More than half of the rural communities in Cambodia have difficulties with access to water. Added to this, the country is currently in the midst of a severe drought.
According to the National Committee for Disaster Management, “the drought has now affected over 20,000 hectares of rice fields in 13 provinces.” In 2015, Cambodia experienced its worst drought in half a century, with most of its 25 provinces experiencing water shortages and about 2.5 million people severely affected. (1)
Many are saying the current drought will be worse than 2015 with temperatures predicted to rise to as much as 110°F and a delay in the cooling monsoon rains. In order to conserve water for home use and cash crops, rice farmers who normally crop twice a year have been instructed by the national government to not grow dry season rice at all.
In February Lotus Outreach and our local partners identified 12 lucky communities in which we will locate a pump well in the coming weeks and months. Each well will totally transform lives, providing at least 15 families in these poor rural villages with, life-giving, clean water near at hand.
Last month, we met with one of the recipient communities at Tbeng Pork Village, Srae Knong Commune, Chum Kiri District, Kampot Province. Conditions at the village and responses from the community confirmed current drought conditions indeed matched that of 2015 as the worst drought in their collective memory.
36-year-old Sak confirmed the same telling us, “Around three years ago there was a terrible drought, we had to travel 1.5 kms and dig into sand to get water. Had to cue in a long line to get water. When we finally filled a bucket we had to carry those heavy buckets of water on our shoulders all the way home.”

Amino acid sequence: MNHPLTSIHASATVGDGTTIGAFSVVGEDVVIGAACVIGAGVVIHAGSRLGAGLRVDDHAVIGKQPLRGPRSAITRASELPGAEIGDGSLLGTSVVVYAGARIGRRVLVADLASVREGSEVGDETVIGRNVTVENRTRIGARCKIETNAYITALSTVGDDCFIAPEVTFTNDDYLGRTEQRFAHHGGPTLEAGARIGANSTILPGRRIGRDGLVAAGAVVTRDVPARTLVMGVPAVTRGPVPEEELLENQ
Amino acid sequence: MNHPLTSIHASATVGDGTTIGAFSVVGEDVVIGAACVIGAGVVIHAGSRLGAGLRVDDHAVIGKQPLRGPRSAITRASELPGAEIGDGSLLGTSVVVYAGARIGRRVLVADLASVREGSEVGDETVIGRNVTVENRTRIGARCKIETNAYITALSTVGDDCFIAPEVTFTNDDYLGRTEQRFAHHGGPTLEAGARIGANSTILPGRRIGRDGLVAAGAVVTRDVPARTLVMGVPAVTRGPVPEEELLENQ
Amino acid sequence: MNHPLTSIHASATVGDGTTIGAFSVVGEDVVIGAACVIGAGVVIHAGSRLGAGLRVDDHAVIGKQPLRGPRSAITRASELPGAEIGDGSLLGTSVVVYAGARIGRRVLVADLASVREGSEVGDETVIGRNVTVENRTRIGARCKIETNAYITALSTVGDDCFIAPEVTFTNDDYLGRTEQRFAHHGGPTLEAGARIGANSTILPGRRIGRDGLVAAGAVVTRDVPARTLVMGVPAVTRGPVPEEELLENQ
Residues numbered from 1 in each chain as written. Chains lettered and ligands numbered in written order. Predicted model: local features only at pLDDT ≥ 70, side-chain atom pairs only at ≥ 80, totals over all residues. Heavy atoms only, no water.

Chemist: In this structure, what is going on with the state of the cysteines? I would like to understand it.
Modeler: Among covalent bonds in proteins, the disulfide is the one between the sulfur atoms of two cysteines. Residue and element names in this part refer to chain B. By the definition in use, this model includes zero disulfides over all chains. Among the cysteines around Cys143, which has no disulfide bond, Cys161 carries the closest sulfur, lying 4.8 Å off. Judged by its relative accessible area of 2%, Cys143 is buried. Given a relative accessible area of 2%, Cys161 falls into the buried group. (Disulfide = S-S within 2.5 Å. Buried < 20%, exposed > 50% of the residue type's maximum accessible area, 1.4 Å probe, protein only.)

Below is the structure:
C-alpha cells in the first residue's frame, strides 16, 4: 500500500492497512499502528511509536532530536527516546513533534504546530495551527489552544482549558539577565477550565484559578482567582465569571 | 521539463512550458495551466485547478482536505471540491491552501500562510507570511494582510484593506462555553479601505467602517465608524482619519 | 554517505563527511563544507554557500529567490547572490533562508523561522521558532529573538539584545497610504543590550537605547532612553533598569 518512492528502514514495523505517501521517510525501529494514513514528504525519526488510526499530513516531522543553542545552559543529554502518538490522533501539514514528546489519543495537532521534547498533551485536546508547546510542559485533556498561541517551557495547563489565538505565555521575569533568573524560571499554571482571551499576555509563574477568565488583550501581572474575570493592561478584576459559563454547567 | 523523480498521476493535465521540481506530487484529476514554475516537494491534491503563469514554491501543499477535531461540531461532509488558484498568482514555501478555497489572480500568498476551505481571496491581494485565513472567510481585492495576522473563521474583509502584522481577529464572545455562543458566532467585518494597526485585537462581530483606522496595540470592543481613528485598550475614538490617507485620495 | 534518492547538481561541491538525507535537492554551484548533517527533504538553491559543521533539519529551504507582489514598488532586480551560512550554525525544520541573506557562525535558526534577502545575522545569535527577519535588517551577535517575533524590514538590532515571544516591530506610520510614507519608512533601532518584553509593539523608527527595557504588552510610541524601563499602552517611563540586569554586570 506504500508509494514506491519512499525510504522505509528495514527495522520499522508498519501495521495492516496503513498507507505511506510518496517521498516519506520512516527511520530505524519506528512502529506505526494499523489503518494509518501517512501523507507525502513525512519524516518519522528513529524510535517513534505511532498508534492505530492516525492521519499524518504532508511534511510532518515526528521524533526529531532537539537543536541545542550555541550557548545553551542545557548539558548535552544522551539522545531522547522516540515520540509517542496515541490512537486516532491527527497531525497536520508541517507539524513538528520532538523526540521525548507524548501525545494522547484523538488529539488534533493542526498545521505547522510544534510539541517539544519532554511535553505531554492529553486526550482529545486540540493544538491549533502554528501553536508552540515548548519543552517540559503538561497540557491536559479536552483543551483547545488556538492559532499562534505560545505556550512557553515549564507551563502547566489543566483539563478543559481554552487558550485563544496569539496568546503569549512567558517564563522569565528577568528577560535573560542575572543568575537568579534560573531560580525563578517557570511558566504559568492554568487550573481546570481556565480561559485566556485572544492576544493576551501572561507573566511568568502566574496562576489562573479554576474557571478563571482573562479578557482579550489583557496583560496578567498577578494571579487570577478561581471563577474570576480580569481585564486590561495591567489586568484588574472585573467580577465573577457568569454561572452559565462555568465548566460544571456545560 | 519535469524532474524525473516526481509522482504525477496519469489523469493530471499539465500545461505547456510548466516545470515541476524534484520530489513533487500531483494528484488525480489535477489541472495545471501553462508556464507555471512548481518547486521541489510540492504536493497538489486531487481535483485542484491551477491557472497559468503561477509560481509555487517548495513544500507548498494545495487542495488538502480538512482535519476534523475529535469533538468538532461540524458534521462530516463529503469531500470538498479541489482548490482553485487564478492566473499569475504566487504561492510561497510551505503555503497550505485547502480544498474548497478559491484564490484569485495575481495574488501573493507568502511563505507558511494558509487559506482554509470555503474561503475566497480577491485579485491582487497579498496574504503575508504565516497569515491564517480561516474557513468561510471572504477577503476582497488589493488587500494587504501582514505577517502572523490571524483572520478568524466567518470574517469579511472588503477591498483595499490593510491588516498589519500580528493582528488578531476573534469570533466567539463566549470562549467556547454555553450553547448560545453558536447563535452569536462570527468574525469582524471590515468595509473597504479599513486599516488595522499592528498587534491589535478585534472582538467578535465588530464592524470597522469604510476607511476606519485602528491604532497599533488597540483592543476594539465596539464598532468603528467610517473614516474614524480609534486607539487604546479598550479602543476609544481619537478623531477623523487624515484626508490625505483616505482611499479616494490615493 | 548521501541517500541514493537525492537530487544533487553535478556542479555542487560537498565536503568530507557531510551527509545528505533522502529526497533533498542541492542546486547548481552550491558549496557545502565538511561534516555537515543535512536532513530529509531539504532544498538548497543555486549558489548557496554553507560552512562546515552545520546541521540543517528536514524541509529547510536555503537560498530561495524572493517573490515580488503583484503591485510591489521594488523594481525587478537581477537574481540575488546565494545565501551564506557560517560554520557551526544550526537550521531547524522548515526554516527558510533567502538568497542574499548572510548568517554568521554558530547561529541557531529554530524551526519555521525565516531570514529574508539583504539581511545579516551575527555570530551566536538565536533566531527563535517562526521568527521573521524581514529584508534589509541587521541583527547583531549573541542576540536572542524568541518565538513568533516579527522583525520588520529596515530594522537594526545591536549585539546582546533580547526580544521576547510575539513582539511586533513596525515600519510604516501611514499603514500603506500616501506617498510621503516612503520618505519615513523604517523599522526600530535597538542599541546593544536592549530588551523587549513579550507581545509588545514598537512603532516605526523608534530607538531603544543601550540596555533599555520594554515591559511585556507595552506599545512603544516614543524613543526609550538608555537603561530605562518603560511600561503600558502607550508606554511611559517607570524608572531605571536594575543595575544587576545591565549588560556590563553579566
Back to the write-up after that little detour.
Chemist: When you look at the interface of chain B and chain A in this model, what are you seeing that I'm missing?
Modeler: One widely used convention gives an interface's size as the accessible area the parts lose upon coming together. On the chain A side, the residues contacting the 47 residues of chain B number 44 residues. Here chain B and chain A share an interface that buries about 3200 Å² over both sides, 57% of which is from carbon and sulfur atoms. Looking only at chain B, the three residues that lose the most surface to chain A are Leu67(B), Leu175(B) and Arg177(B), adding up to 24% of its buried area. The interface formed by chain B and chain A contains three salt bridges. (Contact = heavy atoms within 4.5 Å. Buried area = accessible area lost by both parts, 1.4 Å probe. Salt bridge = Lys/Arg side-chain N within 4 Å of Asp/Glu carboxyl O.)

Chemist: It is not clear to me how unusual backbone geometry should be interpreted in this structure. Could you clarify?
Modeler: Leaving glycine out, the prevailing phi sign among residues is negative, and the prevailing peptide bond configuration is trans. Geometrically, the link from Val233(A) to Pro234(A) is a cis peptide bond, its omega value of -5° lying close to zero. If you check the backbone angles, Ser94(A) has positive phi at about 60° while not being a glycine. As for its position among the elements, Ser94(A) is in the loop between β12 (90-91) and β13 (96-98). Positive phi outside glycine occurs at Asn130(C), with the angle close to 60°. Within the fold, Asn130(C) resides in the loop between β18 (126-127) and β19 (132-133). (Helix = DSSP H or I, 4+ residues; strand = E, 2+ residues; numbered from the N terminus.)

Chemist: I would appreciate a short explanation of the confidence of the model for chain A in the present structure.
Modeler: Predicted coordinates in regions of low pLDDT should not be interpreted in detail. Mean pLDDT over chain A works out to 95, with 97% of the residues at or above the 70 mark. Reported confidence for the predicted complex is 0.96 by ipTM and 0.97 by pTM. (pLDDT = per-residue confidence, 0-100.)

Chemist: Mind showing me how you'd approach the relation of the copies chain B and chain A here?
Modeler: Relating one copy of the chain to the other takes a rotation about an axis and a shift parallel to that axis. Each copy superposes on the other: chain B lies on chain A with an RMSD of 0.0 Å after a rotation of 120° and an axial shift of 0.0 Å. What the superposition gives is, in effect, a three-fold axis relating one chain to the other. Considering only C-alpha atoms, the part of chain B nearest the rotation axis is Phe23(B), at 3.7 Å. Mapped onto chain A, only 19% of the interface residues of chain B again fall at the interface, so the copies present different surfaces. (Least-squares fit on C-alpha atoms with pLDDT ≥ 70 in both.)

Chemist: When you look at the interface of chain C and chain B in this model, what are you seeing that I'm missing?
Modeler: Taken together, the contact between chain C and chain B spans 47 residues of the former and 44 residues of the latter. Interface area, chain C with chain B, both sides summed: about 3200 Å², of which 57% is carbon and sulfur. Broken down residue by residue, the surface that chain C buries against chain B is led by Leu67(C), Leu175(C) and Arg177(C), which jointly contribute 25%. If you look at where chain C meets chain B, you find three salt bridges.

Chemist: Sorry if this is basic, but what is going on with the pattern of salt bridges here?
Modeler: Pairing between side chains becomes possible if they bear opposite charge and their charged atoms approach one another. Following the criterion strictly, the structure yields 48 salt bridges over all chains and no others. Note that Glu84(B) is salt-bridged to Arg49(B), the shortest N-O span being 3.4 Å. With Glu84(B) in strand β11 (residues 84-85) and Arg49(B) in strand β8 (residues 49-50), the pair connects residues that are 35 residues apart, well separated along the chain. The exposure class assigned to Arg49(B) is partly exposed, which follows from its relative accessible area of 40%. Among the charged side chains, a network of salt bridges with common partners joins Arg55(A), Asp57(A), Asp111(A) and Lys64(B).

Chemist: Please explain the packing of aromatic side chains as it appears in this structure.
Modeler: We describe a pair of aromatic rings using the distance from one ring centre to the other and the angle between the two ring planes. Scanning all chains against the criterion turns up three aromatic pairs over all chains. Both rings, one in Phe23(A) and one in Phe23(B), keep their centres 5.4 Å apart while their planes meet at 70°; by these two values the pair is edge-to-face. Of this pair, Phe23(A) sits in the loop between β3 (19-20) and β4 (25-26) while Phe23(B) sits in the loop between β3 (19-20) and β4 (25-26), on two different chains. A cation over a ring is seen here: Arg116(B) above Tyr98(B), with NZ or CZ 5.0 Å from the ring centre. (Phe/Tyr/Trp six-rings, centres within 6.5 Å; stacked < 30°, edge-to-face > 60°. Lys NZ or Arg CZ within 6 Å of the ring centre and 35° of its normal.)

Children walk two kilometers by road to their primary school. Their only nearby source of water is a shallow pond in the middle of their village that dries up to almost nothing as the dry season stretches out.
“We have to limit the amount of water we use for washing. It’s hard to keep the school children clean as we have to wash three children with one bucket of water. Not having water impacts on my livelihood. I have to go to the forest to cut bamboo, its very dirty there and I come back caked in dust and grime and don’t have water to wash,” San shared.
We have to put ourselves in the shoes of these villagers to even partially understand what it’s like to live in drought conditions at least half the year. There is basically no water for drinking or cooking available anywhere nearby so the villagers here have to buy water on a daily basis.
“We buy water for drinking and cooking and use the pond water for washing and bathing,” 53-year-old villager, Roth, told us. “Every year in the dry season we have to spend around $25 per month to buy water for drinking and cooking.”
The villagers also shared with us that the drillers had already visited to start work when they unfortunately broke a drill bit in rocky terrain and had to halt the digging. Assuming all is well, we understand he drillers will return and complete the work in the next couple of weeks.
“They can’t return soon enough for us!” was the refrain of these thirsty villagers.
We look forward to visiting again later in the year to see the work completed and water flowing copiously from their new pump well!